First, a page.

Hull fairing questions

Discussion in 'Boatbuilding' started by laukejas, Nov 2, 2020.

  1. fallguy
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    fallguy Senior Member

    Only use plastic if you need to tape a small section for repair. I use peelply a/o plastic on outside corners that are 3 planes meeting if the glass is voided there on initial work or initial tapes.
     
  2. laukejas
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    laukejas Senior Member

    What about three planes meeting on the inside, like at the front of my cockpit? Anything else that I can use as a substitute for peel ply? Plastic gives horribly waved surface that can't be smoothed out for some reason.
     
  3. fallguy
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    fallguy Senior Member

    You can do some testing of local fabrics.

    Go to a fabric store and buy 100% polyester dress liner fabric.
     
  4. laukejas
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    laukejas Senior Member

    Alright, I will try. I wonder if that peel ply helps on edges and these S-shaped curvature changes like at the centerboard. Basically the fiberglass should follow this path (excuse my horrible hand-drawing):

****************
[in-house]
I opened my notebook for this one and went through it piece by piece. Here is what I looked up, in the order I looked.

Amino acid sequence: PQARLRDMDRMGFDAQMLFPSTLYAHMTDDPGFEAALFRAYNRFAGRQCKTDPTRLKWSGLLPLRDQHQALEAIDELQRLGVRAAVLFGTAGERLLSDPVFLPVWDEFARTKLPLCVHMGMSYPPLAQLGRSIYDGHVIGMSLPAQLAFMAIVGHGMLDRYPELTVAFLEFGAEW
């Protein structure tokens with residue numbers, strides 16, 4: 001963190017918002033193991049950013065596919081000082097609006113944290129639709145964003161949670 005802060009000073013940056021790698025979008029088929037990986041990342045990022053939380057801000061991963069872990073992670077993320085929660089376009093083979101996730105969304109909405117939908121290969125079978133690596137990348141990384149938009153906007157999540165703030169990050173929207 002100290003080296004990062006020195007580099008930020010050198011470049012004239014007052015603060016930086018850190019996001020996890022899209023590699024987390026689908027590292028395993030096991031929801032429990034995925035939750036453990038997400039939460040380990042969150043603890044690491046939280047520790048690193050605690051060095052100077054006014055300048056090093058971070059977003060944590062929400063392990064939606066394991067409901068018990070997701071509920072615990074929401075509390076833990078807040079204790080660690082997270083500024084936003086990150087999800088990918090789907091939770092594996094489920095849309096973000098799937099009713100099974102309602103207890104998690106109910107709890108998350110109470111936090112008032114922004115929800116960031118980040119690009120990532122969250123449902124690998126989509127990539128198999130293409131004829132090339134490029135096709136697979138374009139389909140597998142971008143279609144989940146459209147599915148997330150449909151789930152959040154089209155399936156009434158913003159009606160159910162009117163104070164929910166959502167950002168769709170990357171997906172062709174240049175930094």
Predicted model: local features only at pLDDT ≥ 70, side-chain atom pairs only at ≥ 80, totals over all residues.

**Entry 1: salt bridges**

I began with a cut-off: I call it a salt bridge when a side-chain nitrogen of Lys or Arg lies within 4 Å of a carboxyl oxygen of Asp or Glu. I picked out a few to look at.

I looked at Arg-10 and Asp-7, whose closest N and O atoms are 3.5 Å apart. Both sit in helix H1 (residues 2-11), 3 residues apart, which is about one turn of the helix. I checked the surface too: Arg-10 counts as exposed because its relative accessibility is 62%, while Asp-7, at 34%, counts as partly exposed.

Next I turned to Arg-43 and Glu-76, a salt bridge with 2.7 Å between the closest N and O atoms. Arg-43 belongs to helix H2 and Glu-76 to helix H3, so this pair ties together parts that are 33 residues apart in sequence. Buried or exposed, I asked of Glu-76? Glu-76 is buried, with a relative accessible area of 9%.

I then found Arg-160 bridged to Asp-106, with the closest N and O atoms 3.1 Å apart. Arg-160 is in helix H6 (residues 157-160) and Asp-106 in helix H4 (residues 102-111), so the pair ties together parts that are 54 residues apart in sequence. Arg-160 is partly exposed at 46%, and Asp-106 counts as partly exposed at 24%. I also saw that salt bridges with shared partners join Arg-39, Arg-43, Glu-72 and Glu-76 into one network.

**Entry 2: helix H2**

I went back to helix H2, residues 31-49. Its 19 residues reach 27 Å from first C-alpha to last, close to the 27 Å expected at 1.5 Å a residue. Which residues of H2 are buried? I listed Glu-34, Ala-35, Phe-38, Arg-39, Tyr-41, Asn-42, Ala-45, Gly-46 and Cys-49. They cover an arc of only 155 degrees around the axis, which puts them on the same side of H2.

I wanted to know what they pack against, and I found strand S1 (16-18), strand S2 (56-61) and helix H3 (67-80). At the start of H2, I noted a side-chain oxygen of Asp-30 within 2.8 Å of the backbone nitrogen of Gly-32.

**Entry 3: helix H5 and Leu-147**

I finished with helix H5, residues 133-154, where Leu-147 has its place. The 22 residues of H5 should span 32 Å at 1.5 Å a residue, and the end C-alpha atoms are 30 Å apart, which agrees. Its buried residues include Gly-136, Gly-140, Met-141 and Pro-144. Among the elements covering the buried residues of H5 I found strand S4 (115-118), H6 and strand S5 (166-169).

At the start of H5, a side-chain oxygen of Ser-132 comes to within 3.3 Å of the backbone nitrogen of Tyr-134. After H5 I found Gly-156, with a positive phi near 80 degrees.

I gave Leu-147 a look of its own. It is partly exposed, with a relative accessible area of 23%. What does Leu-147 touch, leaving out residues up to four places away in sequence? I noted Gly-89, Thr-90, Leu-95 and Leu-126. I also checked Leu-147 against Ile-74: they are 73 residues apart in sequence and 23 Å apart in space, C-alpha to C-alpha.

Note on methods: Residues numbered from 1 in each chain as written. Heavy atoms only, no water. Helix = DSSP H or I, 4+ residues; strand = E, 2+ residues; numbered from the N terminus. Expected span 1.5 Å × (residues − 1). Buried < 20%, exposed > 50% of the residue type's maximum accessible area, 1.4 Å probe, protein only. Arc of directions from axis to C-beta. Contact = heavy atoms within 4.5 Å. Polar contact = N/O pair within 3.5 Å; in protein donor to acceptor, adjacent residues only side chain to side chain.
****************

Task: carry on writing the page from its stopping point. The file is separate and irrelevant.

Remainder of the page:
upload_2020-11-10_16-47-1.png

    Would peel ply (or any other fabric like that dress nylon) help in these tight areas as well, or is it only good for large surfaces?
     
  5. fallguy
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    fallguy Senior Member

    B99C8AE9-9BFB-48BB-A8A6-05A38C3E4A09.jpeg 1B555A0F-B1C1-4CEA-888A-9218A2014AAD.jpeg 50781D6F-4777-4CC1-AFE0-AF434DAC70B3.jpeg Peelply does not expressely 'help'.

    peelply maintains a consistent surface after curing

    In hand laminating, where I use it is in places where I don't want runs and also places where I want to use tapes to hold glass patches. You don't need it unless you have problems.

    I will add a picture of a small repair to do today.

    ps...I really needed some thickened resin for the repair, but got lazy..we'll see what happens tomorrow
     
    Last edited: Nov 10, 2020
  6. fallguy
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    fallguy Senior Member

    For your centerboard; do not lay that in the same layup as the rest. Jist lay 50mm into the boat past the coaming and then lay the main glass to the edge of the trunk coaming

    For the gunwhale, the outside radius could be done with peelply and tape as it will tend to not lay nicely. But in order to do that; you would need the top of the gunwhale or inside of the boat finished in a separate go.

    personally, I would glass the gunwhale outside radius and the centerboard coaming one day and then sand any rough spots and finish the rest of it the next day...that way the centerboard is easy to reach and you can tape the peelply for the outside radius